The action 'find_user' is responsible for matching an $id to a model, and the remaining actions use that prep work to finalize the response. This chain or responsibility style pattern can be used to great effect in simplifying your code (or making a horrible mess, its really up to you...)

NOTE The above example is not given as an example of the best way to create URLs for your application, but was choosen for brevity and hope of clarity. I'd personally recommend staying away from 'verby' path parts and use HTTP correctly!

However a few things can be noted. First of all the arguments passed to an action are not configurable (you need a custom action role to change them). They are always "($self, $c, @args)". This can lead to action code where you have to reach into $c a lot, which gets verbose and also makes it a little harder to test (you have to mock $c) and perhaps makes it harder on your maintainers since all the verbosity can sometimes hide the main thrust of the code.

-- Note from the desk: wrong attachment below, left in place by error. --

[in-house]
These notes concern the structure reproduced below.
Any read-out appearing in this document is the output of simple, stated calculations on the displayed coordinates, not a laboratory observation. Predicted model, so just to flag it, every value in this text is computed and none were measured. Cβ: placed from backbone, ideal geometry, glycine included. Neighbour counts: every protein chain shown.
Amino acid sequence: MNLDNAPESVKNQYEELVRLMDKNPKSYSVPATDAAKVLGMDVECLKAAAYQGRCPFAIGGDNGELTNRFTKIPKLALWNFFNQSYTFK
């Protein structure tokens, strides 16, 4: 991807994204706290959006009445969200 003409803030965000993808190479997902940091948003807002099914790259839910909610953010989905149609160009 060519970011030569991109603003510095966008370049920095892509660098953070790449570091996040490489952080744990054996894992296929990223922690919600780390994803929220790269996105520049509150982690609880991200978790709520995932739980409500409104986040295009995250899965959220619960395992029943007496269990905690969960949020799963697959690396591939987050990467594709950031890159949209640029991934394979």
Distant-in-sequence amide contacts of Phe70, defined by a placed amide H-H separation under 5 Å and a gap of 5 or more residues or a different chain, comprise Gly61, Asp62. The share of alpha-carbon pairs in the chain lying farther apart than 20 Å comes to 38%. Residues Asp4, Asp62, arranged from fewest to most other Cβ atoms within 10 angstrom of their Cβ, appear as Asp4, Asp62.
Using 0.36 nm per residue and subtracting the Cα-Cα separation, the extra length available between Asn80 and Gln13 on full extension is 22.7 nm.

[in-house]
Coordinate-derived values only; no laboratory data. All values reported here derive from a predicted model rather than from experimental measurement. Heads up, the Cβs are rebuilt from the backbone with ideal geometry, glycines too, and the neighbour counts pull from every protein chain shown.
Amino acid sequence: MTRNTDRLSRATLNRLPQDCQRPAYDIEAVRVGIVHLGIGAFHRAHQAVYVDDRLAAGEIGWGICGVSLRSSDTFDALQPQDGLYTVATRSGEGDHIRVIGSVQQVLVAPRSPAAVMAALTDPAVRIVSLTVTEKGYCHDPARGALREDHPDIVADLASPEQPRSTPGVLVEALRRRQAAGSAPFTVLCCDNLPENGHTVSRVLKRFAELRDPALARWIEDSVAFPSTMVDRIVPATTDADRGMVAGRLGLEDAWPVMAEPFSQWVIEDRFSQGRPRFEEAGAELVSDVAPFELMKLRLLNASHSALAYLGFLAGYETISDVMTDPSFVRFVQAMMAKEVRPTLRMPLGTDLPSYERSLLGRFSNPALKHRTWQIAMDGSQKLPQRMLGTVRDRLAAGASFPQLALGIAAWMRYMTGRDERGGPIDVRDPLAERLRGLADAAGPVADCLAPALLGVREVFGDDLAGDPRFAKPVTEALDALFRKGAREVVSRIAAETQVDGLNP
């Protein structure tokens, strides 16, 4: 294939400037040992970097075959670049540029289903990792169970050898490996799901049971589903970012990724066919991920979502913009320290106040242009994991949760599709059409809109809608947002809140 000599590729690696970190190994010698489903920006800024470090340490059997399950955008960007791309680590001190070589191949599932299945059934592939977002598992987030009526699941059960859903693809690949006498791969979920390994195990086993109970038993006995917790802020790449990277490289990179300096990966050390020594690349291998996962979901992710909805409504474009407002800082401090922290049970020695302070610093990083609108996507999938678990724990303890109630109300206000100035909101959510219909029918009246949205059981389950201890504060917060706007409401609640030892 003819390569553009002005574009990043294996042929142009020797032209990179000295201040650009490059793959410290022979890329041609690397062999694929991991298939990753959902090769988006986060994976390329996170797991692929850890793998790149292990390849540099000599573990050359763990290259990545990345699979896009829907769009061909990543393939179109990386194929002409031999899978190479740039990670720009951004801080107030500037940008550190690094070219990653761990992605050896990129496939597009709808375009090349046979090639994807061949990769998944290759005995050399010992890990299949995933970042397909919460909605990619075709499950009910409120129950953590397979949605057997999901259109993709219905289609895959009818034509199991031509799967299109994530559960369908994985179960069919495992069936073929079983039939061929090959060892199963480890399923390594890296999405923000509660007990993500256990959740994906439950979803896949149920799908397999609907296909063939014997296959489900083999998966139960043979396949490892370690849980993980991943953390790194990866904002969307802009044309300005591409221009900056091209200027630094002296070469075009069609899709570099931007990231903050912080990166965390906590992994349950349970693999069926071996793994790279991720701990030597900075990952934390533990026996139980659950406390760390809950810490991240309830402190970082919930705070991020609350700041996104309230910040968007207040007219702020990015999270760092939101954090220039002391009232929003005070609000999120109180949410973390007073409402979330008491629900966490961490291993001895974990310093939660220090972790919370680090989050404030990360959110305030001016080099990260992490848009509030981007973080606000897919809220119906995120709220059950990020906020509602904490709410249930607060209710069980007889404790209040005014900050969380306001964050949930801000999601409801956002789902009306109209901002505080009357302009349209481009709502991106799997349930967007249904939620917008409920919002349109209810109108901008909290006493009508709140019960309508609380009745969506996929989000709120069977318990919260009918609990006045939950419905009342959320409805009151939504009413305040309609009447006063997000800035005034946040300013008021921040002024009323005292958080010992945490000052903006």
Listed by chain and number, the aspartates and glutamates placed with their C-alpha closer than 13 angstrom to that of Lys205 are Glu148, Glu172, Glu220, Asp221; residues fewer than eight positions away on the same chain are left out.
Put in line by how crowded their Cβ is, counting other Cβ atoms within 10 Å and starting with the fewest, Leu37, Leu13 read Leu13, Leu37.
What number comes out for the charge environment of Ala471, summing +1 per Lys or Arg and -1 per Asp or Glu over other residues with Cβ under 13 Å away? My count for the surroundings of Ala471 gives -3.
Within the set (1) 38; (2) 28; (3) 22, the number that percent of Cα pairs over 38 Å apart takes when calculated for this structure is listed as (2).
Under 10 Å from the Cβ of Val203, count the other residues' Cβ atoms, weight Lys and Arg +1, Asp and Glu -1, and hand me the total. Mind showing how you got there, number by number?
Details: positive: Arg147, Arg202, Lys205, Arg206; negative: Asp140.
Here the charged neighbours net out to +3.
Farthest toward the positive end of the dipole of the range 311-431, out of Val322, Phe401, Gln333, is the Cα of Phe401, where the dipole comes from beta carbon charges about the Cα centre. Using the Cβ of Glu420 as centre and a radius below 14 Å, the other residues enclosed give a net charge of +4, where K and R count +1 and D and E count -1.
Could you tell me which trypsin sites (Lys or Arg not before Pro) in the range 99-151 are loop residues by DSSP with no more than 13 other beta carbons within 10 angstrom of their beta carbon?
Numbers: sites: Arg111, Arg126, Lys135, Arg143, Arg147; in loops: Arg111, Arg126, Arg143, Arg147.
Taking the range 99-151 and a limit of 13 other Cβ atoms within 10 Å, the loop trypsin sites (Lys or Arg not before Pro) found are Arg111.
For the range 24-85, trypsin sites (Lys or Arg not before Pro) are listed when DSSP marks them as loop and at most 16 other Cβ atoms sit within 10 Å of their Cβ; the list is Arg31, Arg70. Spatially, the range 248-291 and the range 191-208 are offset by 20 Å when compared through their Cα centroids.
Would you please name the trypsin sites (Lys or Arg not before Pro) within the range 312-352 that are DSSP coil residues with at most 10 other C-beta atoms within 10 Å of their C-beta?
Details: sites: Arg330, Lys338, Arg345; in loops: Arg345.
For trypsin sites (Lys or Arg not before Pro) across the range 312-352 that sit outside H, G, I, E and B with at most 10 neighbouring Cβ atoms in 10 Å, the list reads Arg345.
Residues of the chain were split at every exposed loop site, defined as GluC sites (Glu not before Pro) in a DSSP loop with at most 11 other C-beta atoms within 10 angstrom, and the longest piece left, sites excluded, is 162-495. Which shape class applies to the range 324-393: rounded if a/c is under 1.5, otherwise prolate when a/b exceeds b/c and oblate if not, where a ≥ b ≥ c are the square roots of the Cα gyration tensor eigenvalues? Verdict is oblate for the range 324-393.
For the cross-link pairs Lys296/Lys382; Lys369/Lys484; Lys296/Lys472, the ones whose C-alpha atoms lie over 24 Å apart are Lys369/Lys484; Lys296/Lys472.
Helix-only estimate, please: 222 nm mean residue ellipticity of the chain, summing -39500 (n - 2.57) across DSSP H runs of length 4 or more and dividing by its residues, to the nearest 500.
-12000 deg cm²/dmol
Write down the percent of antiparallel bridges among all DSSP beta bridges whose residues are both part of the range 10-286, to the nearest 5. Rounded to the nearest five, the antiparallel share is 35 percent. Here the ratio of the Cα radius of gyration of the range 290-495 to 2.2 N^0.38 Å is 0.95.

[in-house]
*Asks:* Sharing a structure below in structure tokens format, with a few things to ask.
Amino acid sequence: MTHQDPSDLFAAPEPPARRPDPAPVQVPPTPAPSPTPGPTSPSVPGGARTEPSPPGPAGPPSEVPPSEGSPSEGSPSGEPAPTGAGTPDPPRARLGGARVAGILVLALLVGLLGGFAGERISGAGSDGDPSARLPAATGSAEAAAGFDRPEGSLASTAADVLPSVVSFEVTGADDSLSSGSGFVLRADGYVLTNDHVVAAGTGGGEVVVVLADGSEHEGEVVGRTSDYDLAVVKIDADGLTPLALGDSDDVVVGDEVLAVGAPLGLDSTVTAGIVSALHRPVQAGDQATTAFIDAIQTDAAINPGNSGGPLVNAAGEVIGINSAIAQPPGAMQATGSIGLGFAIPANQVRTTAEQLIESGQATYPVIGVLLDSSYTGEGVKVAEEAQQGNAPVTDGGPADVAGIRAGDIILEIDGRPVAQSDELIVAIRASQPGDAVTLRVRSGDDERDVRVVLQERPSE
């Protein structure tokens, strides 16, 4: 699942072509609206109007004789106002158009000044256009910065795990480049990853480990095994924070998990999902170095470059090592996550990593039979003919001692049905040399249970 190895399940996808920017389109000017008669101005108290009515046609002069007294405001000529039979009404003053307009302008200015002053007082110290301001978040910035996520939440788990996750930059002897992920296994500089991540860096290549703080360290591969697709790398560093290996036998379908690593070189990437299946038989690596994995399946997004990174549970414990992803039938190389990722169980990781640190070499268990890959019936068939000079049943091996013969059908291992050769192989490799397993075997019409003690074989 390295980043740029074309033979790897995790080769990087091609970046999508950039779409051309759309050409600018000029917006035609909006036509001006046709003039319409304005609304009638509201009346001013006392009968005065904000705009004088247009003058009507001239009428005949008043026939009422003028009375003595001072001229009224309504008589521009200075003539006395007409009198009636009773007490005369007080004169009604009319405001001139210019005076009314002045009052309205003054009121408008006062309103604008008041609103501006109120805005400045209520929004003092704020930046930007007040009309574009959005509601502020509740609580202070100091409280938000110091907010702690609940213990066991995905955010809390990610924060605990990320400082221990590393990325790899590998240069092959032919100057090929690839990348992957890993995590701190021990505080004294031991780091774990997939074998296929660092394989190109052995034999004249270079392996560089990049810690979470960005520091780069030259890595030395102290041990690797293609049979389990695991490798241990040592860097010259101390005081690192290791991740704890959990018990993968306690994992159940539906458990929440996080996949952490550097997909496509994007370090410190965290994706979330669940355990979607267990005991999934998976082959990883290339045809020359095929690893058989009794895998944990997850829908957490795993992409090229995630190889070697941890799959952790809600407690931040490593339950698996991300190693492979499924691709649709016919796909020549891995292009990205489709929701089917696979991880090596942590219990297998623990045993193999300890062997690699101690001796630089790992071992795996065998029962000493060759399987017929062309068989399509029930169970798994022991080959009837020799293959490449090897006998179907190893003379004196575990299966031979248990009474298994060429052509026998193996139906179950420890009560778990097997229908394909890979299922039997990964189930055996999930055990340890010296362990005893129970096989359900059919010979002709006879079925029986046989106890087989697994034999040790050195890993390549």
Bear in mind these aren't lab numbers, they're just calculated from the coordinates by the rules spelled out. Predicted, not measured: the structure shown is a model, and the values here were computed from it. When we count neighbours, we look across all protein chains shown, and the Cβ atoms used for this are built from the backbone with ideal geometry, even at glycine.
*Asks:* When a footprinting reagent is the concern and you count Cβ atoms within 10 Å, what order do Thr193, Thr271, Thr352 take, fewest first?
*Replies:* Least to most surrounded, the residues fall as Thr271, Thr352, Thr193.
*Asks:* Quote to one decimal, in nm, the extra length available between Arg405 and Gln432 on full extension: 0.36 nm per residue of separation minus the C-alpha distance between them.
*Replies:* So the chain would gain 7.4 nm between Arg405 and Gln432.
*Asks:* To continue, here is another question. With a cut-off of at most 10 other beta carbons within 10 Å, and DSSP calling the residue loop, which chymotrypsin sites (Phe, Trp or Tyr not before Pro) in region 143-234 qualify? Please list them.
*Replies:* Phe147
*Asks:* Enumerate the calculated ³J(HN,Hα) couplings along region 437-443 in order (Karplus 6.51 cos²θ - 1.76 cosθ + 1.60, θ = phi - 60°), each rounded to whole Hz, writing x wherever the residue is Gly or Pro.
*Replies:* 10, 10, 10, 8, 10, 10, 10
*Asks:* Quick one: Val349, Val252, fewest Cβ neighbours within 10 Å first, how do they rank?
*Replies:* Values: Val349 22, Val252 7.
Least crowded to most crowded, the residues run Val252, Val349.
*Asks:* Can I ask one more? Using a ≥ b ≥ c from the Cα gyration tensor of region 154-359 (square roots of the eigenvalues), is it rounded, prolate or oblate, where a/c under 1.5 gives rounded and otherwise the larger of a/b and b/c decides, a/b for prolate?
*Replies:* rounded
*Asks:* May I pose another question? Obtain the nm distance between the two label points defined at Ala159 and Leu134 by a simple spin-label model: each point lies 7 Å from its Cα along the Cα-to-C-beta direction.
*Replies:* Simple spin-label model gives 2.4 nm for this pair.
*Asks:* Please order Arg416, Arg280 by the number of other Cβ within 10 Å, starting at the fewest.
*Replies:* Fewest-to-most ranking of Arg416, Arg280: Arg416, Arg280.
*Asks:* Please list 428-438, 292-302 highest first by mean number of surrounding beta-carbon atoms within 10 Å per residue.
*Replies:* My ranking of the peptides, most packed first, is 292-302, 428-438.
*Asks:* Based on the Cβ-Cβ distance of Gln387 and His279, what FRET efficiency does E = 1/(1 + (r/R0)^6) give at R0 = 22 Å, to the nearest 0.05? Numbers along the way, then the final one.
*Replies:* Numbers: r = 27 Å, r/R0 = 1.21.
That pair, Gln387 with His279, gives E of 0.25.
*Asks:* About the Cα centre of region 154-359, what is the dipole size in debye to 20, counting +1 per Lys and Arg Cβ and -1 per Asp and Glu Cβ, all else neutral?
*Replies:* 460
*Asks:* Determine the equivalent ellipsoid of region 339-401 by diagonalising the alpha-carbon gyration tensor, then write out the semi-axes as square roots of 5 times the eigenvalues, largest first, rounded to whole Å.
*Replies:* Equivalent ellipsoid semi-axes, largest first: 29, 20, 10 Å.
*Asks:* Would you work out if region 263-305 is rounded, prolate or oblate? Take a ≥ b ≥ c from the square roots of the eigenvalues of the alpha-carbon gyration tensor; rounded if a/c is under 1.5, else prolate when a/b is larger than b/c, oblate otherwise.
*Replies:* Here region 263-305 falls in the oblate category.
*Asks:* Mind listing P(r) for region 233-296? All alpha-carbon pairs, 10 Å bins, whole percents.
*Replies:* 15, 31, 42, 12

For example, if an action is going to want a User model, why not make it easy to say "I want one"? I think on the code readers it makes it a lot more clear what the point of the action it (it does something with User...)

    sub myaction(User $user) {  ... }

That has the nice benefit that testing the subroutine just needs a $user, you've removed boilerplate lookup code and you can leverage the action match system to skip the whole 'see if the $id is in the database and if not return not_found.) Which leads to the second point. Ideally we'd want to use the dispatcher and to be 'declarative' or configured and not require boilerplate code. For example I have code like the following all over:

    sub find_user :Chained(/) PathPrefix CaptureArg(1) {
      my ($self, $c, $id) = @_;
      $c->stash(user =>
        $c->model('Database::User')->find($id) ||
          $c->detach('/not_found'));
    }